Introduction: The aim of this study was to determine the preferences for content, style, and format of prognostic information of patients after potentially curative esophagectomy for cancer and to explore predictors of these preferences. Patients and Methods: This multicenter study included a consecutive series of patients who underwent surgical resection for cancer in the past 2 years and who did not have evidence of cancer recurrence. A questionnaire was used to elicit patient preferences for the content, style, and format of prognostic information. Sociodemographic characteristics, clinicopathological factors, and quality of life (EORTC QLQ-30 and OES18) were explored as predictors for certain preferences. Results: Of the 204 eligible patients, 176 patients (86%) returned the questionnaire. The majority of patients desired prognostic information. Information preferences declined when information became more specific and more negative. Married patients and higher-educated patients were more likely to want all prognostic information. The majority of patients wanted their specialist to start the discussion about prognosis. However, a significant proportion of these patients wanted their specialist to first ask if they want to have prognostic information. The percentage of patients wanted a realistic and individualistic approach was 97%. Words and numbers were preferred over visual presentations. Conclusion: After potentially curative esophagectomy for cancer, the majority of patients want detailed prognostic information and want their specialist to begin the prognostic discussion. Patients prefer their doctor to be realistic; words and numbers are preferred over figures and graphs.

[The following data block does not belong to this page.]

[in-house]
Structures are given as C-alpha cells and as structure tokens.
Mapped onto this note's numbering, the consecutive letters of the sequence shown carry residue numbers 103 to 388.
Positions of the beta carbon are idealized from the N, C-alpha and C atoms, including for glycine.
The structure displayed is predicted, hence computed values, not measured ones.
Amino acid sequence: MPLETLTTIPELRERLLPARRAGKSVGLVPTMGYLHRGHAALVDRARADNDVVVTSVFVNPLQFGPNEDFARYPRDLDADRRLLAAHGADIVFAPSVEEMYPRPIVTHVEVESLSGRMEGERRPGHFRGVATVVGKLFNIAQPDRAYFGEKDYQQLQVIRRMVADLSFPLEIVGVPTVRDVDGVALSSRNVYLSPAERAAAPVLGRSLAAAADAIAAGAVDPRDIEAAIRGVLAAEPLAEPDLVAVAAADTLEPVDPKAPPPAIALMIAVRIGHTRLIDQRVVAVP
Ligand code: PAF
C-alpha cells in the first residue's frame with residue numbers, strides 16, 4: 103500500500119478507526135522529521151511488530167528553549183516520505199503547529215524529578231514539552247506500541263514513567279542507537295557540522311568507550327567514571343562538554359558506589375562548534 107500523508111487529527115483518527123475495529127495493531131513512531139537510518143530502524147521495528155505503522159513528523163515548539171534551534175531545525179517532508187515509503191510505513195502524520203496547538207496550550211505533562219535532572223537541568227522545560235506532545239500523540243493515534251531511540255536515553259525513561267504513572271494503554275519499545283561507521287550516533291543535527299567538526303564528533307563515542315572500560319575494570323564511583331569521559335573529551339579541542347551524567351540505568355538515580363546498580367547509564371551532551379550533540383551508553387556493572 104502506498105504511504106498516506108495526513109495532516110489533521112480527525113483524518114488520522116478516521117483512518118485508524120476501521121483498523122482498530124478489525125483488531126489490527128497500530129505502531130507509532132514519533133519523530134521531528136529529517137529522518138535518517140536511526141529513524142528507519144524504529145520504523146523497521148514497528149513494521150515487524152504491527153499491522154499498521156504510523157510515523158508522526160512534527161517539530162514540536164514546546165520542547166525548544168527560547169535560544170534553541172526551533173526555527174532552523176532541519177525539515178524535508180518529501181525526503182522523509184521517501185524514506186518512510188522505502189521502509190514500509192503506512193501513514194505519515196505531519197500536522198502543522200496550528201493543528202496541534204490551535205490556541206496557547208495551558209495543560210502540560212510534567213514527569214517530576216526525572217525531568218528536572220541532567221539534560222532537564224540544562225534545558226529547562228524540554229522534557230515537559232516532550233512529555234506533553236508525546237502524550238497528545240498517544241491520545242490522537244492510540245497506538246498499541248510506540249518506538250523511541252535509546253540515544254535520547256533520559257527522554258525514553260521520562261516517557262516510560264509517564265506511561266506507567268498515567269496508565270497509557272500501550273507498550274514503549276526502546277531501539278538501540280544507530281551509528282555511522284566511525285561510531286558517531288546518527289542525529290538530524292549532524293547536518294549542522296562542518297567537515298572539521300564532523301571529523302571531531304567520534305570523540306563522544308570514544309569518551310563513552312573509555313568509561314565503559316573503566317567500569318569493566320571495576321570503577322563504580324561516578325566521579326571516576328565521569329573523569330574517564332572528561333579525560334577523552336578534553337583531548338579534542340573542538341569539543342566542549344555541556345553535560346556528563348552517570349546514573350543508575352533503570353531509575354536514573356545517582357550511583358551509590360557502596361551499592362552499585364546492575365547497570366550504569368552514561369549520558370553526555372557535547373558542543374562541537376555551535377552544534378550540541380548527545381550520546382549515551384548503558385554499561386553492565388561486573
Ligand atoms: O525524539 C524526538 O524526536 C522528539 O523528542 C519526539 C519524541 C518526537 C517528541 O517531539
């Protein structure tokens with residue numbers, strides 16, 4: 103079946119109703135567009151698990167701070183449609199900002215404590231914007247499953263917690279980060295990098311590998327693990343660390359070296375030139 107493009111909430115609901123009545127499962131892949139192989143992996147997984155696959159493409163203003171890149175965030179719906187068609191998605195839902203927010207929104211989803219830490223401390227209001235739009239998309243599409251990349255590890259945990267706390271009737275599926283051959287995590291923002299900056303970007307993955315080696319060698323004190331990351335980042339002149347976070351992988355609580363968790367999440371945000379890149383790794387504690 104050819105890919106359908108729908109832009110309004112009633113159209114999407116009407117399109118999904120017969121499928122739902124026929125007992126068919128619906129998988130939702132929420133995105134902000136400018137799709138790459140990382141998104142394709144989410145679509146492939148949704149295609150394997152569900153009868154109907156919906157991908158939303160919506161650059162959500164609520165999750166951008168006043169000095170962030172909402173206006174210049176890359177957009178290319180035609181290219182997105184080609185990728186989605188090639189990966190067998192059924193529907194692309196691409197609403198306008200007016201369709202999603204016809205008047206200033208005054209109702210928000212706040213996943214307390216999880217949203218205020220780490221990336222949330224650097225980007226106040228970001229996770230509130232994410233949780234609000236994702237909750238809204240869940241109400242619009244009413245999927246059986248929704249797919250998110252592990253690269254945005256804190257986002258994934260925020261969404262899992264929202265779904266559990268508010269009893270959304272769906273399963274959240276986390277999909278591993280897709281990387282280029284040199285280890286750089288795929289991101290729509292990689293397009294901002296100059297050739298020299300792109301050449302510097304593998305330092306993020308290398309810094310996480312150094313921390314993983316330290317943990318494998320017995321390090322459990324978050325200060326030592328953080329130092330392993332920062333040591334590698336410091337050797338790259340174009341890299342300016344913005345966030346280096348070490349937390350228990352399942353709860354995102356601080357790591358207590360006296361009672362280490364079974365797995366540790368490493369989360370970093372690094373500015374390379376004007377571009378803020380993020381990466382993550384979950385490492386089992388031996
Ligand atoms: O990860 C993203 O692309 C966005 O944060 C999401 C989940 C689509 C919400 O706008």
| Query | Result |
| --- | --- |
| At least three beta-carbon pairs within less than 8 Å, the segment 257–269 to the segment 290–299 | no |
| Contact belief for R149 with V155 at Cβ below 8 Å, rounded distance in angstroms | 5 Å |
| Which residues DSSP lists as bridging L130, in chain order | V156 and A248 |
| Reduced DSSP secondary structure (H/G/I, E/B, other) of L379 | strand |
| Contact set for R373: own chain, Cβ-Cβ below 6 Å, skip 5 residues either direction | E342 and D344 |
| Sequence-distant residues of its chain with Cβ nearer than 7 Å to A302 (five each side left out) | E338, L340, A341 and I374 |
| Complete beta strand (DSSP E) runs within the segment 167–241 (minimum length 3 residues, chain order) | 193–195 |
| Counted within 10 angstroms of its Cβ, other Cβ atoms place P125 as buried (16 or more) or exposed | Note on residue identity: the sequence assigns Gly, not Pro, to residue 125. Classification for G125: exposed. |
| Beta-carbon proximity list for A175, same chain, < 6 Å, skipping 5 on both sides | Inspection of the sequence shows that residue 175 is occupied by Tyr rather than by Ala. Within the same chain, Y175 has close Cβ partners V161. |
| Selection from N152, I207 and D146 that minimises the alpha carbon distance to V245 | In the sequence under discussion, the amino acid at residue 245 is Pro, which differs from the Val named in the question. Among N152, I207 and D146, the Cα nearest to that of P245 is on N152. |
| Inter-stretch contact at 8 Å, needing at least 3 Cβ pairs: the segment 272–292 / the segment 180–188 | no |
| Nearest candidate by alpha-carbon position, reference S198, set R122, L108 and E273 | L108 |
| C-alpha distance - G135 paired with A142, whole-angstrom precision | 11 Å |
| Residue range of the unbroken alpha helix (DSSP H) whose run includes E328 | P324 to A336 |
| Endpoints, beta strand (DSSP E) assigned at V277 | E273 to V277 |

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Keywords Communication, Esophageal cancer, Esophagectomy, Patient preferences, Prognosis
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Journal Annals of Surgical Oncology
Lagarde, S.M, Franssen, S.J, van Werven, J.R, Smets, E.M.A, Tran, T.C, Tilanus, H.W, … van Lanschot, J.J-B. (2008). Patient preferences for the disclosure of prognosis after esophagectomy for cancer with curative intent. Annals of Surgical Oncology, 15(11), 3289–3298. doi:10.1245/s10434-008-0068-y